Ten-year-old committed environmentalist wins prize for recycling project

This story began with a simple email from Aria’s father, who had come upon an ongoing call for an innovative pitch competition named (Re)verse; as he explored the concept in detail, Aria and her passion for upscaling came to mind immediately.

The competition focused on Practices and Social Entrepreneurship for Upcycling. The objective is to encourage innovation to turn valuable raw materials that are disposed of by local businesses, non-profits, and institutions as waste, into raw materials for new or expanding social enterprises. This is also a United Nations Sustainable Goal (#12)

Amreen and Mohammed Rajabali are the proud parents of Aria and have been the foundational pillars in her life , embedding environmental, social, and development values.

Aria, who is now ten years old, would find ways to upcycle items found commonly discarded around the house, a concept which is in dire need in every corner of our planet. Her nascent projects, such as recycling fabric scraps, packaging foam as a step stool for her two-year-old sister Zuri, and reincorporating wood from a pergola, created a spark of excitement in Aria to present and pitch the upcycling prototype for the (Re)verse competition.

The event was sponsored by the City of Austin Circular Economy Program and the Austin Young Chamber, and Aria’s activities aligned perfectly with the State of Austin’s  Zero Waste Goal.

Aria is one of four innovation fellow winners selected to represent Born Again Kreations – which aims to create insulated water bottle holders. Materials used include decorator fabric samples and cuts of high-quality fleece from Austin Creative Reuse, and bulletproof vests from Travis County.

Aria’s project secured entry to the ICORPS program at Texas State University, where she will receive a $4,000 dollar stipend to participate in an accelerated course. This opportunity will allow her to engage with three other entrepreneurs who were selected as winners of the (Re)verse competition. Upon completion, she will receive an additional $3,000 if her product qualifies as a STEM product. Her business will be a registered entity with the Texas Secretary of State.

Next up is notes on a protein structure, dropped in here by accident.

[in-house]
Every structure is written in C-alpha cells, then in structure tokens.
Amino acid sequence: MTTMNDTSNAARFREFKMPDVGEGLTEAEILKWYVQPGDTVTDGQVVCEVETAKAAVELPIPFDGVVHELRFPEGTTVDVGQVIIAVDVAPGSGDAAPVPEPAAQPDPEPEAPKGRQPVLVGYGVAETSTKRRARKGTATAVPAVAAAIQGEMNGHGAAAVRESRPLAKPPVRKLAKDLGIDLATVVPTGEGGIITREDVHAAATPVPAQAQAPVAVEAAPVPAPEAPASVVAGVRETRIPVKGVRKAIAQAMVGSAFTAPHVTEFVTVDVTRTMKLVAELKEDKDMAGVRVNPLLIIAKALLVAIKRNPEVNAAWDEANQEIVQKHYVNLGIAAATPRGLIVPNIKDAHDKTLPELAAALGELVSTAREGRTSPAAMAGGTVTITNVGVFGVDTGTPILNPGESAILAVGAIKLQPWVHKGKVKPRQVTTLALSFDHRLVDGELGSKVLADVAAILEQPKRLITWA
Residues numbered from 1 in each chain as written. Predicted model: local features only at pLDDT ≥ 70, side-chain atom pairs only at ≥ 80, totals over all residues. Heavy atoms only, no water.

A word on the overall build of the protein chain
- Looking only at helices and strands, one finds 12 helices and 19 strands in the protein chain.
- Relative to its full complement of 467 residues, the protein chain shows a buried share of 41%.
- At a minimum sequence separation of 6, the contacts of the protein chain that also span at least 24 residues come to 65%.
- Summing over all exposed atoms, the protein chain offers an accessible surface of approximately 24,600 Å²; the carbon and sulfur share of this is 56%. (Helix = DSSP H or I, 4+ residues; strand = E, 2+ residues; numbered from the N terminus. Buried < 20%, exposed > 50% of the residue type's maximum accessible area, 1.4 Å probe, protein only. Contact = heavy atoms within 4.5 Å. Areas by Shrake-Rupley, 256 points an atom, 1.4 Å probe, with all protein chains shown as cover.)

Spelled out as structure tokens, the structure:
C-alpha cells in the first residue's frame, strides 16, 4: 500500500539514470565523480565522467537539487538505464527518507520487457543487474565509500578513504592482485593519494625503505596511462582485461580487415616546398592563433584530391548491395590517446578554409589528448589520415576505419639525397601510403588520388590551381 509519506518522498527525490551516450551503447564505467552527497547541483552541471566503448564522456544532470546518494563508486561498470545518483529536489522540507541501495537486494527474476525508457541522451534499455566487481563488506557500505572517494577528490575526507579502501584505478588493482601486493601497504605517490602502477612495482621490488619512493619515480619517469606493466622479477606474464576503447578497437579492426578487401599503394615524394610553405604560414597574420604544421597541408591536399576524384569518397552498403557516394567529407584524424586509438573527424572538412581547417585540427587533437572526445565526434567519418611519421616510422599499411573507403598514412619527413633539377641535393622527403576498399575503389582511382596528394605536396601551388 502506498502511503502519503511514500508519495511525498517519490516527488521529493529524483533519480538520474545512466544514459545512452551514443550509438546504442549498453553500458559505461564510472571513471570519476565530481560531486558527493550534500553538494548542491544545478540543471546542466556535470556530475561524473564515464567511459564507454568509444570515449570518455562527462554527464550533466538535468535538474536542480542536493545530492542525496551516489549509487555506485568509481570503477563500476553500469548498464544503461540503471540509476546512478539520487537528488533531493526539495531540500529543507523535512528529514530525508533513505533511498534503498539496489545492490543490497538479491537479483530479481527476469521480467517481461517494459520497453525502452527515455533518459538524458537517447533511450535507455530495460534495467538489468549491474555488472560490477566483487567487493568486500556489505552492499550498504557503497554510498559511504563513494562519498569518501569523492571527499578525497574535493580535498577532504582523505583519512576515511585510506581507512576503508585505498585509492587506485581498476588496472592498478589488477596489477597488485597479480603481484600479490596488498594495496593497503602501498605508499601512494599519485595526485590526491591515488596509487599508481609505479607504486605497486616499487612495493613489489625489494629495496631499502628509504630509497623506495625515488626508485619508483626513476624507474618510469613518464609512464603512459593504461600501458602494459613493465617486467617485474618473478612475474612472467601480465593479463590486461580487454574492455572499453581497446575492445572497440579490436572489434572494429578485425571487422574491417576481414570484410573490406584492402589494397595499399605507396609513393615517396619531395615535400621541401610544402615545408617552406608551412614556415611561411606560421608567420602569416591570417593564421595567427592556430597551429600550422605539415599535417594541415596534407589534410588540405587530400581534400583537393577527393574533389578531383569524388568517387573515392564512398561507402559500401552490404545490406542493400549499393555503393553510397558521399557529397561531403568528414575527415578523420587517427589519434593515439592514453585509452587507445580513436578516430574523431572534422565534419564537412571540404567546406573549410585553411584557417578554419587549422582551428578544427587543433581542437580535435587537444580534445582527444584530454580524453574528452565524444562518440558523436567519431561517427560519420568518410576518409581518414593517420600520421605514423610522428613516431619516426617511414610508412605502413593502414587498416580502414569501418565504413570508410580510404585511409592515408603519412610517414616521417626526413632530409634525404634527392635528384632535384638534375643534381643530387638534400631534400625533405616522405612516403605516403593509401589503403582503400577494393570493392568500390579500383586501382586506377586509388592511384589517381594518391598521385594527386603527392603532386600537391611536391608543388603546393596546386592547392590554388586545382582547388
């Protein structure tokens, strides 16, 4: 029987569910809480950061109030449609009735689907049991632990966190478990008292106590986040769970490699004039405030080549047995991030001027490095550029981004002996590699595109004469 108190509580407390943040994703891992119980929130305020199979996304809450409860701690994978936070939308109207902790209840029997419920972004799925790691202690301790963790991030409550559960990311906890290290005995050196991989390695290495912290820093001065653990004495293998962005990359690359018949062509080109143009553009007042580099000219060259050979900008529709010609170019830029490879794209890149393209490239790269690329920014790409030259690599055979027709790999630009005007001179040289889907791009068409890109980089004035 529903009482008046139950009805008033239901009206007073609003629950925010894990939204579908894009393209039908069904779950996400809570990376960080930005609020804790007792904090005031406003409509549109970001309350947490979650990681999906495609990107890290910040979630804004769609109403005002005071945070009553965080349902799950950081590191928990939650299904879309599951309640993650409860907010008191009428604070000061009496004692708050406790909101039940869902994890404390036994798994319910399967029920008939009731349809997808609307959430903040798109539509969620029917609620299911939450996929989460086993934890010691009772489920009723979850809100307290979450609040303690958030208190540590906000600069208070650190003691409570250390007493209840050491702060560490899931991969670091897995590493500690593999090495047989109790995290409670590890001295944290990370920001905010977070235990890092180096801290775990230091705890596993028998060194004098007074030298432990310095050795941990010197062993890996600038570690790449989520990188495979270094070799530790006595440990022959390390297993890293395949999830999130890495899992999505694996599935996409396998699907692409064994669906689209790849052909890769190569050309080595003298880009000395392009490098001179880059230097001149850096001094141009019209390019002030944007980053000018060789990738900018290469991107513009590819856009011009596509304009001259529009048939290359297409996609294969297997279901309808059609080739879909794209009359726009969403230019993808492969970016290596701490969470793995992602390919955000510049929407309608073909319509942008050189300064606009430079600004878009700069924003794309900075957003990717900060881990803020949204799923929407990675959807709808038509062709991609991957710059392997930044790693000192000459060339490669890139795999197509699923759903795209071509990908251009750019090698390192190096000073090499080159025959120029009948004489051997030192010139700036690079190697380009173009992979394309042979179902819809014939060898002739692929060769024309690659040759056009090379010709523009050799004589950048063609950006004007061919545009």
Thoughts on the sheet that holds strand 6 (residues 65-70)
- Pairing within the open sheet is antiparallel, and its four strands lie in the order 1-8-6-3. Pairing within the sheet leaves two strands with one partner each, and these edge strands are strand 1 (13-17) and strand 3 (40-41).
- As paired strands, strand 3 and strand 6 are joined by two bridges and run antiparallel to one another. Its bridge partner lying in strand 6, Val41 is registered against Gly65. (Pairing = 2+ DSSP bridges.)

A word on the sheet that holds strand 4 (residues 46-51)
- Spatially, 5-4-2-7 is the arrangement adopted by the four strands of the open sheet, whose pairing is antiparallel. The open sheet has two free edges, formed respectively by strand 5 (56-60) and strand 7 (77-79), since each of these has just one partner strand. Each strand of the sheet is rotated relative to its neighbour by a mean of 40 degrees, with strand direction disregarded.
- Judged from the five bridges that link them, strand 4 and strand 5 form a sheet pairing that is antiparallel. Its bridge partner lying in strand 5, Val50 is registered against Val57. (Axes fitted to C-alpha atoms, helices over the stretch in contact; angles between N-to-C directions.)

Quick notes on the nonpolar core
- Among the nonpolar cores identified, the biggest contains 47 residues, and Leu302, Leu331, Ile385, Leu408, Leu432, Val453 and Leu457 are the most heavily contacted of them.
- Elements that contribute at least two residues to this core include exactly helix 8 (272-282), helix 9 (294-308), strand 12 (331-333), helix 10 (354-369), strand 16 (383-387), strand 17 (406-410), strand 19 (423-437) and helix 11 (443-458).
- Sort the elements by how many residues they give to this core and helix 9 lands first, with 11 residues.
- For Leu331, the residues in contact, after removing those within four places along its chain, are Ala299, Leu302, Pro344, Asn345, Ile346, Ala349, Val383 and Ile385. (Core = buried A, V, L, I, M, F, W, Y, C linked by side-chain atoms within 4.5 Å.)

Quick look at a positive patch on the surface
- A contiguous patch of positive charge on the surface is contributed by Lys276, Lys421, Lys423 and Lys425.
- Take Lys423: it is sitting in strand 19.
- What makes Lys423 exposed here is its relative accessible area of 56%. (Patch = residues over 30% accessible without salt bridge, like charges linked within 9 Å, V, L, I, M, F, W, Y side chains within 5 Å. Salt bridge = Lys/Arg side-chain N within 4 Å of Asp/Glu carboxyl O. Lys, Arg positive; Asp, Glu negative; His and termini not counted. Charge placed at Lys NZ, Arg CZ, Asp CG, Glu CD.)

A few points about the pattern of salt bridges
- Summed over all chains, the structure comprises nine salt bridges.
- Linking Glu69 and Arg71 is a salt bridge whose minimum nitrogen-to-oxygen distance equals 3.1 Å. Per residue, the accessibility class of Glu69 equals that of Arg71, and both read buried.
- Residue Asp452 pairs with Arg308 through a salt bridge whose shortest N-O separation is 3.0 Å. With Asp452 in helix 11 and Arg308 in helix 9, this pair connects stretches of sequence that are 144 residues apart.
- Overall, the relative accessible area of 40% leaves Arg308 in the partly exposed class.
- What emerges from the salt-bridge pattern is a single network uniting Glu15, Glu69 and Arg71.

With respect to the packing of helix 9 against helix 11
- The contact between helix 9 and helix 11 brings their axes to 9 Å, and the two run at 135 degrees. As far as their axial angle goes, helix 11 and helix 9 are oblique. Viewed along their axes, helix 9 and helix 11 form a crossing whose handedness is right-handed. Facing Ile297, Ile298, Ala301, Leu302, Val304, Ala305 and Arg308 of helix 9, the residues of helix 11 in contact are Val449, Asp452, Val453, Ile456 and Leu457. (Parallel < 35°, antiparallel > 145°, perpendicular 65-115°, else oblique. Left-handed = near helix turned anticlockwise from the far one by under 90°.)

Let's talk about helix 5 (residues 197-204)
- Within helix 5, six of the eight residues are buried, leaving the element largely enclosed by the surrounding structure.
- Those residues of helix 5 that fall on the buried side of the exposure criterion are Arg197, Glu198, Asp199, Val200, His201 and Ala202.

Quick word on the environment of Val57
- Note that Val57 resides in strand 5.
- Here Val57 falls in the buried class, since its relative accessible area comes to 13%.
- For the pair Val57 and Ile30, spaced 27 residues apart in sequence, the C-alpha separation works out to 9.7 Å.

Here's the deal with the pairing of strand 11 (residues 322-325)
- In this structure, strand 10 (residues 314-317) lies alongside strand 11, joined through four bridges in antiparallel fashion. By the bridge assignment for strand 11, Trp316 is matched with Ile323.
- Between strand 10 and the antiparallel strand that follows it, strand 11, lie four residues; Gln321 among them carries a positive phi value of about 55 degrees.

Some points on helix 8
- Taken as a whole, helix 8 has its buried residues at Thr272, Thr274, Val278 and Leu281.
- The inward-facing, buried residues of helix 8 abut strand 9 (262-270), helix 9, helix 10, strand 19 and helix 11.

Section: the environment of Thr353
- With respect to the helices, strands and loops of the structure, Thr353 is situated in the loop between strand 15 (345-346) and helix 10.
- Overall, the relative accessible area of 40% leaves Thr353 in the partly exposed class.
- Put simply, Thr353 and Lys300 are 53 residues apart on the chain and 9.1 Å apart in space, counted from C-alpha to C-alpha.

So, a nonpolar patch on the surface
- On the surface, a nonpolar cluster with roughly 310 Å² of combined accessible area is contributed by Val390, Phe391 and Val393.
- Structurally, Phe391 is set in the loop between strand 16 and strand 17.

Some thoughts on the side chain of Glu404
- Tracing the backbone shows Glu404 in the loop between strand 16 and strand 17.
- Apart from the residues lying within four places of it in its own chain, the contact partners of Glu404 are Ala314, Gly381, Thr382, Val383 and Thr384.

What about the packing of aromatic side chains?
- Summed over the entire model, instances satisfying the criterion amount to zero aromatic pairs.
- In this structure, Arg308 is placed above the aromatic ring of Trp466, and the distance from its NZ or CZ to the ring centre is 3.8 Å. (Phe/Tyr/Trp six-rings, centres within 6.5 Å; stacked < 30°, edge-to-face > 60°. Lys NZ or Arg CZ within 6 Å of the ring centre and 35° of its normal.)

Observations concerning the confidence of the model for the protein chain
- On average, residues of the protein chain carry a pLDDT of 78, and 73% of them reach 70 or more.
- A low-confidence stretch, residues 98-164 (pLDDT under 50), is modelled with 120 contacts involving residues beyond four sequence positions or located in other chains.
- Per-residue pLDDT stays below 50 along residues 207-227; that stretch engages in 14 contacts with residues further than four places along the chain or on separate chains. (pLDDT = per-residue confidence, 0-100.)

In addition to this competition, Aria is also a finalist who will be presenting at Circular Austin Showcase, where she will have the opportunity to pitch her project to win another $5,000.

The race to net zero through meeting the goal of 1.50C, saw continued global discussions at COP26.  The upcoming event for COP27  is promoting plans to implement sustainable development goals, including at the individual-level for the social and environmental obligation to act.

In Aria’s words, “before you throw something away, always ask yourself, ‘can I reuse this,’ because every little thing that you reuse will help the planet. The time to take action is now. no matter how old or young you are.”

Our planet continues to struggle with increasing demand while supplies are on a continuous path of decline. Upcycling and creating efficient waste management systems present opportunities to preserve our planet’s natural resources.

Aria’s work highlights hope and talent within our youth who are ready to engage and support the United Nations' work for finding sustainable solutions that can be implemented at a grassroots level.

The urgent call for action is real. According to the World Bank Group report, climate change can impact more than 100 million people by 2030, with healthcare impacts due to rising sea levels and temperatures, different precipitation patterns, droughts, along with emissions that will result in respiratory and cardiovascular diseases.